BACP welcomes the Universities Minister’s call for vice-chancellors to prioritise student mental health and take sustained and serious leadership on the issue. Sam Gyimah said today: “We want mental health support for students to be a top priority for the leadership of all our universities. Progress can only be achieved with their support – I expect them to get behind this important agenda as we otherwise risk failing an entire generation of students.
“Universities should see themselves as ‘in loco parentis’ – not infantilising students, but making sure support is available where required. It is not good enough to suggest that university is about the training of the mind and nothing else, as it is too easy for students to fall between the cracks and to feel overwhelmed and unknown in their new surroundings.”
Together with our Universities and Colleges Division (with its specialist knowledge and experience in the particular psychological challenges of working with young adults in further and higher education), we'll be offering our expertise in the sector to the universities minister to help develop the planned University Mental Health Charter. Embedded counselling support within a university setting must continue to be provided in order to support students with their many and complex mental health needs.
We are deeply concerned that plans are in place to downgrade or outsource mental health provision in several universities and are working to raise awareness and prevent this worrying trend.
We know that university students experience the psychological and developmental needs common to the wider population. However, issues arise when this is then coupled with the need to adapt to a new environment without the usual social supports, the demands of their courses and added financial pressures, plus peer pressure to misuse drugs and alcohol. Many students will experience psychological distress sufficiently enough to impact on their studies.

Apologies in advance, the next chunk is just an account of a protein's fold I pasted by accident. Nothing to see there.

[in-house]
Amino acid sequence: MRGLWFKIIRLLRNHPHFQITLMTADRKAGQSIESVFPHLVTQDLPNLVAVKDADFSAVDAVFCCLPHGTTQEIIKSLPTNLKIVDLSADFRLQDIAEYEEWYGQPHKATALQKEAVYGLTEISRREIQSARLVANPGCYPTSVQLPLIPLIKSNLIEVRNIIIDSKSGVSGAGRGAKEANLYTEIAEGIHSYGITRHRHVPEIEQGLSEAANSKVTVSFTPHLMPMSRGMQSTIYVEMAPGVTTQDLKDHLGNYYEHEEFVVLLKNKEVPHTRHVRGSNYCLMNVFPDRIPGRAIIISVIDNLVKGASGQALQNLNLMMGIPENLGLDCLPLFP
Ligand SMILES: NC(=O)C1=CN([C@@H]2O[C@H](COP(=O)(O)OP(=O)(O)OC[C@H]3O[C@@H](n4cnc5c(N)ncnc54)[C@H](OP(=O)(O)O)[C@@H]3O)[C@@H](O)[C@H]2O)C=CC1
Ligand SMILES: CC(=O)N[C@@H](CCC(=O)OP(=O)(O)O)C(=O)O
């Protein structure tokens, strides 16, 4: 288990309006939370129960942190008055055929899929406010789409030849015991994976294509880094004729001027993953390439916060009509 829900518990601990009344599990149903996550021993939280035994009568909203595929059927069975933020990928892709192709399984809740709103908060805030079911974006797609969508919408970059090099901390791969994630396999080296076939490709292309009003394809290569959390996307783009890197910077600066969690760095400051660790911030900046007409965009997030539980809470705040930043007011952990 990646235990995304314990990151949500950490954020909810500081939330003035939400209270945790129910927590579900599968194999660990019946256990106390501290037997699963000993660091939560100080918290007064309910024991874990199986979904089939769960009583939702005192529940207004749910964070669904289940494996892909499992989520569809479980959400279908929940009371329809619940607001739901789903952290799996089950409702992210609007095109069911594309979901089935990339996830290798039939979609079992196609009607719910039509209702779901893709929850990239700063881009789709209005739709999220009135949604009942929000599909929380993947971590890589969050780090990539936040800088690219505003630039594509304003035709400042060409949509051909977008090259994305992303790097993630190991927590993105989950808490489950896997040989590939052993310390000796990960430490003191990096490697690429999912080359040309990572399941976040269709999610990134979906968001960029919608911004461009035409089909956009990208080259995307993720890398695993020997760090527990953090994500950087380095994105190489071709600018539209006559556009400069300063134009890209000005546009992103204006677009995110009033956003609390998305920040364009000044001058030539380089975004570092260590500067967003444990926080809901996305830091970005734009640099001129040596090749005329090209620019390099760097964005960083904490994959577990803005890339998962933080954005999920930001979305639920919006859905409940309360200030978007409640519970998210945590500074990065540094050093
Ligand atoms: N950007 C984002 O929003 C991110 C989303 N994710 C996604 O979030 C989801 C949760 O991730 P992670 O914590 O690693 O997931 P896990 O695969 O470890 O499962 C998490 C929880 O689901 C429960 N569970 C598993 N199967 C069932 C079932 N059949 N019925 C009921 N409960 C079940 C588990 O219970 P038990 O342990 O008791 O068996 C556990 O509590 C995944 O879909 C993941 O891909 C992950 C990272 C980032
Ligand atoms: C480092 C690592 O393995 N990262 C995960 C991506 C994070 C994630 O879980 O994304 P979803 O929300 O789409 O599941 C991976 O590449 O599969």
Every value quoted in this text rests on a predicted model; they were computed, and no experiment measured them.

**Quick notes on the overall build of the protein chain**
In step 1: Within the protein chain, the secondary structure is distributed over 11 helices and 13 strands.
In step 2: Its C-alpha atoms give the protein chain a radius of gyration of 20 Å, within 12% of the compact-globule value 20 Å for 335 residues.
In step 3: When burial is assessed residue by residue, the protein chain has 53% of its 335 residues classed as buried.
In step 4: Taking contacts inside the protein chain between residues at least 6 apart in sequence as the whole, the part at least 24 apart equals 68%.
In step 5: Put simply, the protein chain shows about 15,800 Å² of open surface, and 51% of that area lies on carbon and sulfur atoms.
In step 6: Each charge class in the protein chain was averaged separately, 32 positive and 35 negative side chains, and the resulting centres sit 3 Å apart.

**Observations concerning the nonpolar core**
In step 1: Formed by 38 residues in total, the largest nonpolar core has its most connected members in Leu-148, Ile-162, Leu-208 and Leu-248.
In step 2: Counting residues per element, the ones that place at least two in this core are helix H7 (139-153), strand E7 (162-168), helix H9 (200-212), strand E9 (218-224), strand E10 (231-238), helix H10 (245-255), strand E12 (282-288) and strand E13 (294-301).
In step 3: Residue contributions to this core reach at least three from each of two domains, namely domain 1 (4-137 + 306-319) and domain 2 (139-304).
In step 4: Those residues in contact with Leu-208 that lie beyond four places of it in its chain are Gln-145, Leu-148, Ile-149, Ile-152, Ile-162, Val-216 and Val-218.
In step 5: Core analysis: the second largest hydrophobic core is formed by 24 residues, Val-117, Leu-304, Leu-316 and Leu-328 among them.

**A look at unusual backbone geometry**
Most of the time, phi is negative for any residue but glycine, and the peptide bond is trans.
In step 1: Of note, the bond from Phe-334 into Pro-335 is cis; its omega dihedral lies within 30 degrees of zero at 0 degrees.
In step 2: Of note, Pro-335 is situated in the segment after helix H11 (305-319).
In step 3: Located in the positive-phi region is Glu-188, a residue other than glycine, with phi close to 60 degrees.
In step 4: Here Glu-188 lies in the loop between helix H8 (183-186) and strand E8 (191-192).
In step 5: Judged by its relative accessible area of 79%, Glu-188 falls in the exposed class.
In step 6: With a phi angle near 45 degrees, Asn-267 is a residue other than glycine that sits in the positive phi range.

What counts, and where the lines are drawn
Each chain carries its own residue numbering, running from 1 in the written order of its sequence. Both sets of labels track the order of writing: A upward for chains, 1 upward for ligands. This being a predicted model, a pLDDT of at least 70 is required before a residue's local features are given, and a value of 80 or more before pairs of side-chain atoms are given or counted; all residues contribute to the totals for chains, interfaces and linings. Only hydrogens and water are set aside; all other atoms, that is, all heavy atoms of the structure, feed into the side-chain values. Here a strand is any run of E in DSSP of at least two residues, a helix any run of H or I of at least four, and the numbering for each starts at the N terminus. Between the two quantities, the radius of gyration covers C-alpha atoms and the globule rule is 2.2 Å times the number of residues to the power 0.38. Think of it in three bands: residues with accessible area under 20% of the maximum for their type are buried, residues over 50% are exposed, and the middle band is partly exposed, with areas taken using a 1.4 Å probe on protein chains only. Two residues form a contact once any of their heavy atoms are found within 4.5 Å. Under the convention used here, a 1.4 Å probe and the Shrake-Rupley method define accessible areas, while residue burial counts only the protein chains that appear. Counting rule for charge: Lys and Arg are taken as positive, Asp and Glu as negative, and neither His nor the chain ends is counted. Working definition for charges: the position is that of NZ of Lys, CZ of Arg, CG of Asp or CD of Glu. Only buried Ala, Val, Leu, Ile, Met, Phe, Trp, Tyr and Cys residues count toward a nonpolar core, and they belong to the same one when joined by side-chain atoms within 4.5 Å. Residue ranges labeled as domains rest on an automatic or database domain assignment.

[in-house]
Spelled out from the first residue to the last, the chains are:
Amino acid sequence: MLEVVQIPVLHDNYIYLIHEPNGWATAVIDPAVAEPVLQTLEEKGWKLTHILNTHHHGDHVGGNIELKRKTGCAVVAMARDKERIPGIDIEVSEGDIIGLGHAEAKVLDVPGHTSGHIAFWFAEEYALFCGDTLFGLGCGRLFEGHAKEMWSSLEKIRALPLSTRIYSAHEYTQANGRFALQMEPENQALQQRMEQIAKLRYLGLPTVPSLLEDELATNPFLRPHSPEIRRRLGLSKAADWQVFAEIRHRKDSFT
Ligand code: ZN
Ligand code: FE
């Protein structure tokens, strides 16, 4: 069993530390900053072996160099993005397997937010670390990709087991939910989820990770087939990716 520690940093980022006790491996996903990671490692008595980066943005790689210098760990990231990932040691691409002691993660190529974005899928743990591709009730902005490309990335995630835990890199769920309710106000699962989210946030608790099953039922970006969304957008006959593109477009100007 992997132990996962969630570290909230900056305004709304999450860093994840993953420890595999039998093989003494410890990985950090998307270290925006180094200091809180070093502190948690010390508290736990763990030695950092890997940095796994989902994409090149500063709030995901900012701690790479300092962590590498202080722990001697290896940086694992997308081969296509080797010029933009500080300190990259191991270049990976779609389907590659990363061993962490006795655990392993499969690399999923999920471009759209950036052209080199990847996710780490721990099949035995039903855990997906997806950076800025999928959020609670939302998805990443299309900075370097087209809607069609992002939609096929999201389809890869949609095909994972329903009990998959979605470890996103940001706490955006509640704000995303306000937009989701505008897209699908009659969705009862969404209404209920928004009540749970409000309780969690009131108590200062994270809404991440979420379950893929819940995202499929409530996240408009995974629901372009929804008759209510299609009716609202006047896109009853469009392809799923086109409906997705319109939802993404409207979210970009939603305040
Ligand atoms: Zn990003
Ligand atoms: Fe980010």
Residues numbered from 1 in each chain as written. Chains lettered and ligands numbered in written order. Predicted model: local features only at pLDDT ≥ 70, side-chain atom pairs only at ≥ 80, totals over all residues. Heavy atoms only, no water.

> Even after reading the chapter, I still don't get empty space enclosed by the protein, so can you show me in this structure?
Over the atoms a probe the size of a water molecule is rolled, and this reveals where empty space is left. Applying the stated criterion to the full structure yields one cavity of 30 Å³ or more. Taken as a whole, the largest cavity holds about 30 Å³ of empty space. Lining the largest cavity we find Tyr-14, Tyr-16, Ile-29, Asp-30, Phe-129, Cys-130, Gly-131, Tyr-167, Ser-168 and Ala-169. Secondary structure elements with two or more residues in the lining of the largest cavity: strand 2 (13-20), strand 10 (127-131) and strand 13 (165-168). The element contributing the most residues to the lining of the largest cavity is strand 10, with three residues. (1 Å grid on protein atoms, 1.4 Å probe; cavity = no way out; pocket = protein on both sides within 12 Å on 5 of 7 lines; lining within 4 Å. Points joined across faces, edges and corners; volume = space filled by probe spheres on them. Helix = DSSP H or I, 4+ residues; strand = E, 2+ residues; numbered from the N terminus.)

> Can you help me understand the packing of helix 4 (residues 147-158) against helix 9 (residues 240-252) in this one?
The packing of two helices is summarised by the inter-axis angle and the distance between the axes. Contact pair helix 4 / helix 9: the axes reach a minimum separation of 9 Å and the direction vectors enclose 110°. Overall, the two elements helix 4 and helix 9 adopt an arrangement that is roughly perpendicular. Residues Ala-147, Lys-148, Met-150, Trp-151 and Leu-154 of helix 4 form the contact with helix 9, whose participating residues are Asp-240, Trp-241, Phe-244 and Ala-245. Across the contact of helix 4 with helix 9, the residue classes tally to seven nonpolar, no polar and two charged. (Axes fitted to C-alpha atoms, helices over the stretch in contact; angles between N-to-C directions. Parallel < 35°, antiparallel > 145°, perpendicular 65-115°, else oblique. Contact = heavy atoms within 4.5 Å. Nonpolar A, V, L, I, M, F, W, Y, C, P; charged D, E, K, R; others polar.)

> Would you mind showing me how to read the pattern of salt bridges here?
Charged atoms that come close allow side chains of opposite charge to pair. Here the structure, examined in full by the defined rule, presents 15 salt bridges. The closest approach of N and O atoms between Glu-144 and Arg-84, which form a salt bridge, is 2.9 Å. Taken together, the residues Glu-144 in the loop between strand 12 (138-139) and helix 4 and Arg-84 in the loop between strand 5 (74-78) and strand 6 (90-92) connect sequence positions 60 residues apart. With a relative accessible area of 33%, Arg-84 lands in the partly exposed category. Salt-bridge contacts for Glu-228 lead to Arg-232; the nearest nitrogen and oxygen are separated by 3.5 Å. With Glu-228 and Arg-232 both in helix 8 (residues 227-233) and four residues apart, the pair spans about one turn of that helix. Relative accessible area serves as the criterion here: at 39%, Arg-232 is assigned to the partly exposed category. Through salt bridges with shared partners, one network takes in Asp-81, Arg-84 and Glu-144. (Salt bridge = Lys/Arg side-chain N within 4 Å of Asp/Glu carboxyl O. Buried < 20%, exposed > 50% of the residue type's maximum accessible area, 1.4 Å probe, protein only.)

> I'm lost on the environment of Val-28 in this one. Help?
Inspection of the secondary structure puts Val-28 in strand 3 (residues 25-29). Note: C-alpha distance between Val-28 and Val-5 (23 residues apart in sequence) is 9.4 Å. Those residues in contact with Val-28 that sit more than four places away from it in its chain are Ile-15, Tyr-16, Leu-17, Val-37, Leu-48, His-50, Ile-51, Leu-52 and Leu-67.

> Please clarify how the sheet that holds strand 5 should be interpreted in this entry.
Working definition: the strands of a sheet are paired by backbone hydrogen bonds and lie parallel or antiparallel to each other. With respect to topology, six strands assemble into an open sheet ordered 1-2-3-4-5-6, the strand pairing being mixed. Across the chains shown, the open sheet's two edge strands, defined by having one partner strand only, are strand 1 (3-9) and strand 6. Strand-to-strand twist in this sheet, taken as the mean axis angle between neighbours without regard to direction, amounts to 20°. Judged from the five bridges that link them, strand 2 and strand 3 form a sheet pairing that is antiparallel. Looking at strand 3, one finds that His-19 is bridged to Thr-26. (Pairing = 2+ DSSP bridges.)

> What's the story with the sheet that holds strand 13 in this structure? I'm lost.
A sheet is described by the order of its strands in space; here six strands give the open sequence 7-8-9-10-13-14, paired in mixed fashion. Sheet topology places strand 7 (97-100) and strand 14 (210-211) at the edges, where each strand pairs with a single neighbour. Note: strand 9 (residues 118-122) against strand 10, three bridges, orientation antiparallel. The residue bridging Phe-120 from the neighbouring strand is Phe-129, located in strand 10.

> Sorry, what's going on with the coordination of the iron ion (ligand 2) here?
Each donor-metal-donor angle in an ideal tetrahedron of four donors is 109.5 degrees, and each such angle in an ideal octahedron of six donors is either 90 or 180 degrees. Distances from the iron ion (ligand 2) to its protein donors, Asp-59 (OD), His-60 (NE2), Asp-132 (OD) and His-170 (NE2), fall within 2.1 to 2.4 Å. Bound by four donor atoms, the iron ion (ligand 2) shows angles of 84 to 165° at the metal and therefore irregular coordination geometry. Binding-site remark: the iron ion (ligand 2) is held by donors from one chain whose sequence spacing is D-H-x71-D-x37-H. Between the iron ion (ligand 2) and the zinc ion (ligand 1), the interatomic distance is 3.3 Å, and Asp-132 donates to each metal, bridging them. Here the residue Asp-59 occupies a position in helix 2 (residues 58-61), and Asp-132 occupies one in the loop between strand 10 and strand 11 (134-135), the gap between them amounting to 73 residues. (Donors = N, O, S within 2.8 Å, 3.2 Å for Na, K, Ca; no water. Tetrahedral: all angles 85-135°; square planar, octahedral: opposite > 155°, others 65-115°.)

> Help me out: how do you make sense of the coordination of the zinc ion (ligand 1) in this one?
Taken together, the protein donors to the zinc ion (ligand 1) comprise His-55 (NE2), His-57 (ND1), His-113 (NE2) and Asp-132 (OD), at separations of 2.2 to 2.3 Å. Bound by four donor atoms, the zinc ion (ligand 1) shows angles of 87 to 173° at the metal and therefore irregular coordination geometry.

With a significant number of students - one in four - experiencing mental health difficulties during their studies specialist counsellors, embedded within universities and dedicated to providing student support, are needed more than ever.
Andrew Reeves, Chair of BACP, who worked for many years in a higher education context, says: “Properly resourced counselling in universities can provide accessible, timely, specialist support to distressed students, helping them to continue with, and successfully complete, their studies as well as cope with the specific pressures of university life and common mental health problems, such as depression and anxiety. It is deeply concerning that some universities are considering downgrading or reducing counselling services within their institutions, particularly surrounding complex mental health needs amongst students and the recently announced suicide rates.
“A service provided within the university setting provides an easy to access, familiar and less stigmatising environment in which to receive mental health support, and so is more likely than traditional NHS-based services to be used by, and be useful to, a student population. Additionally, embedded counselling services are better placed to meet the unique needs of individual institutions.
“Waiting times for assessment and beginning therapy in university and college counselling services are generally significantly better than primary or secondary care mental health services.
“With NHS IAPT support services already oversubscribed and students facing increased emotional and psychological pressures, university-based counselling services needed more than ever.”
Read the full announcement from the Department of Education.